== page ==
Thursday, 1 September 2016

Rosshalde by Hermann Hesse


Rosshalde by Hermann Hesse
First published under the same title in German in 1914. English translation by Ralph Manheim published by Jonathan Cape in 1971.

This is my 1910s book for the Goodreads / Bookcrossing Decade Challenge.

Where to buy this book:
Buy from independent booksellers via Abebooks
Buy from independent booksellers via Alibris
Buy the ebook from Amazon.com / Amazon.co.uk
Buy the paperback from The Book Depository

How I got this book:
Charity shop purchase

My rating: 4 of 5 stars

'Rosshalde is the classic story of a man torn between obligations to his family and his longing for a spiritual fulfillment that can only be found outside the confines of conventional society. Johann Veraguth, a wealthy, successful artist, is estranged from his wife and stifled by the unhappy union. Veraguth's love for his young son and his fear of drifting rootlessly keep him bound within the walls of his opulent estate, Rosshalde. Yet, when he is shaken by an unexpected tragedy, Veraguth finally finds the courage to leave the desolate safety of Rosshalde and travels to India to discover himself anew.'

I found this novel to be a beautifully quiet and thoughtful book. Like another recent read, An Amsterdam Affair, it is driven by art and the compulsion to create is a strong theme of the work. Veraguth substitutes artistic acclaim and success for happiness in domestic life choosing to seclude himself in his garden studio rather than working to repair his bitter marriage. Hesse understands his protagonist completely and, since finishing, I have read elsewhere that Rosshalde does reflect his own circumstances at the time of writing. His exploration of a stilted, crumbling relationship is at times painful to read and the whole familial set-up is perfectly illustrated in Veraguth's great masterpiece painting. In contrast, descriptions of the Rosshalde estate are fluid and enticing making the gardens seem like the only warm oasis in a chilly life. For me, Rosshalde was a depressing novel although not unpleasant to read. I did find 'the tragedy' to be too overblown and almost Dickens-like in its heartstring tugging, but I imagine this was in the expected style of a century ago.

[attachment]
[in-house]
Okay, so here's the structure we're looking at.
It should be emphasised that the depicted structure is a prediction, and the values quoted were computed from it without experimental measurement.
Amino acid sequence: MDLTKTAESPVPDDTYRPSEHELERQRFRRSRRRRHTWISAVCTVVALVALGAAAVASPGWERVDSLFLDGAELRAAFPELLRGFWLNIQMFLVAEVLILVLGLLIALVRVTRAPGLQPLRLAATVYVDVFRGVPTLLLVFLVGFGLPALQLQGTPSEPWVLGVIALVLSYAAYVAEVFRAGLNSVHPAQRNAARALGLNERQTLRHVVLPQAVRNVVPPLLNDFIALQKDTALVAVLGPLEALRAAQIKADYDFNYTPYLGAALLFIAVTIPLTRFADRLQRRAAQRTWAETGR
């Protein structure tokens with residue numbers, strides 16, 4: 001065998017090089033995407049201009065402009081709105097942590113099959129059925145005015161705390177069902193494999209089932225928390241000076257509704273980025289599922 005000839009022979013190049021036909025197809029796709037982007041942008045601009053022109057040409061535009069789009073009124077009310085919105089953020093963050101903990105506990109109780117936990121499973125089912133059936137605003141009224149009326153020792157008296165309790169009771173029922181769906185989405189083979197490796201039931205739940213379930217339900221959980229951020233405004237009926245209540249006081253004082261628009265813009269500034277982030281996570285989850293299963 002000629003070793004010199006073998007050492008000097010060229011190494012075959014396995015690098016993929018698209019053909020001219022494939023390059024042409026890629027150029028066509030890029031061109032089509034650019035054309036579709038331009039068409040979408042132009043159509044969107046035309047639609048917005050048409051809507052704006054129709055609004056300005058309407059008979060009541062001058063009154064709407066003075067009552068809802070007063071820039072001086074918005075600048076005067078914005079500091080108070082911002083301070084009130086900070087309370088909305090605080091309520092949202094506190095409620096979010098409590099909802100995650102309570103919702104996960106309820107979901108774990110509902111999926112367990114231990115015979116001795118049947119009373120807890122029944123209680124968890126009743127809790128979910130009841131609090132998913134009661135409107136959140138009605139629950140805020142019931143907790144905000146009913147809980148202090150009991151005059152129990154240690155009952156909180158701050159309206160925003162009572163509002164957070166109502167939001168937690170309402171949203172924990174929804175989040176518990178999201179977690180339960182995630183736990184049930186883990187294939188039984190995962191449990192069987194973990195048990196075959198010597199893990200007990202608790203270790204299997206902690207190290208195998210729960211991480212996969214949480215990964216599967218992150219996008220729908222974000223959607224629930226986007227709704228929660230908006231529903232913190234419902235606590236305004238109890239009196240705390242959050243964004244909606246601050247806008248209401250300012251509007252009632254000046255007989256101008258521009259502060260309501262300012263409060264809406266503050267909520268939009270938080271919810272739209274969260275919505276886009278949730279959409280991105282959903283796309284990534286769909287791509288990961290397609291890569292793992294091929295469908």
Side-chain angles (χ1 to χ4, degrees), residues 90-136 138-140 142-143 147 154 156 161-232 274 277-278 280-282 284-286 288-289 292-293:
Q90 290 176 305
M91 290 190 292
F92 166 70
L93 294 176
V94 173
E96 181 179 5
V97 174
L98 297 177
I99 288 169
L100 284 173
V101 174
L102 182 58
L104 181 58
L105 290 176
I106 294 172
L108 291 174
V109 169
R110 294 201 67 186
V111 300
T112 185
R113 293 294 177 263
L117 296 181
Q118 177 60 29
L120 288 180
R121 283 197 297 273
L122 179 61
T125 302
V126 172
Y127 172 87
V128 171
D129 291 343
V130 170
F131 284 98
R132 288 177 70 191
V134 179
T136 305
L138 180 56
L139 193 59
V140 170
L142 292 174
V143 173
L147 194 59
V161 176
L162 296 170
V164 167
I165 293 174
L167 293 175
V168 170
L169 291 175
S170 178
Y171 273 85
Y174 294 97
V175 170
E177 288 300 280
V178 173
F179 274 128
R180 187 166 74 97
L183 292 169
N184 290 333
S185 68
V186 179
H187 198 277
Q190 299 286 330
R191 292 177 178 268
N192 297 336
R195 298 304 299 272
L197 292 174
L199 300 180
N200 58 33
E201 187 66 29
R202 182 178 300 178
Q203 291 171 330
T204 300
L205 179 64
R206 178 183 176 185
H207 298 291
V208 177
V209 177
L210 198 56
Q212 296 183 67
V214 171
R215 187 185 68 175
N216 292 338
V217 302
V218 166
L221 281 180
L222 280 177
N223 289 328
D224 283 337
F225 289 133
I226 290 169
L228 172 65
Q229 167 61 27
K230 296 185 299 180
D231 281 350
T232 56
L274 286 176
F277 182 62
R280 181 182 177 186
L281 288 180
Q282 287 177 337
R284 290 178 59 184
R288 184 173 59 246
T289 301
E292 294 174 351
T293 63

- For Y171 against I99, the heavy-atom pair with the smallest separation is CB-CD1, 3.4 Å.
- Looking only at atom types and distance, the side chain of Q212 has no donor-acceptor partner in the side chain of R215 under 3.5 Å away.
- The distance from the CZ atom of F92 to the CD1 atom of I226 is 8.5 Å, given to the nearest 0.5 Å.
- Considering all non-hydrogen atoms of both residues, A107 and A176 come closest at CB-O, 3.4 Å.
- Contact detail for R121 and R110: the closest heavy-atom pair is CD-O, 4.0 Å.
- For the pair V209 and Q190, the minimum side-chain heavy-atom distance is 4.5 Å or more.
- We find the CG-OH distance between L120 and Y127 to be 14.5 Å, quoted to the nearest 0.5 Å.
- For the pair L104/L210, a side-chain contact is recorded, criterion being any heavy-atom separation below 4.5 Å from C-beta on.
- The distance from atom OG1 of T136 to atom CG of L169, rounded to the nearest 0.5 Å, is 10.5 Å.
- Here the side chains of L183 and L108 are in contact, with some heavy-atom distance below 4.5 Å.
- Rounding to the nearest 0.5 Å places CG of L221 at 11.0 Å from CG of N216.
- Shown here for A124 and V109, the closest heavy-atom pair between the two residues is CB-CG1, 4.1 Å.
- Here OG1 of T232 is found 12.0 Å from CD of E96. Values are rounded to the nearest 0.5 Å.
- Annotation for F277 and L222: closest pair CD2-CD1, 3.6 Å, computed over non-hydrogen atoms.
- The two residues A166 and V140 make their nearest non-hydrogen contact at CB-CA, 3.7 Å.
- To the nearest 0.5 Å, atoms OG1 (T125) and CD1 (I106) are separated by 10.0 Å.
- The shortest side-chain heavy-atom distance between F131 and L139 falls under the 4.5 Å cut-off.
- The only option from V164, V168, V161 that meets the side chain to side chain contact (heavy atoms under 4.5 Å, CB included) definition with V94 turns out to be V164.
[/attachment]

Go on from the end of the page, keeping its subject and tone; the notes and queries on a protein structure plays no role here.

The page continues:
Search Lit Flits for more:
Books by Hermann Hesse / Contemporary fiction / Books from Germany

2 comments:

  1. My copy of Rosshalde has been left for Bookcrossing on the Rowcroft Hospice table at Torquay Indoor Market

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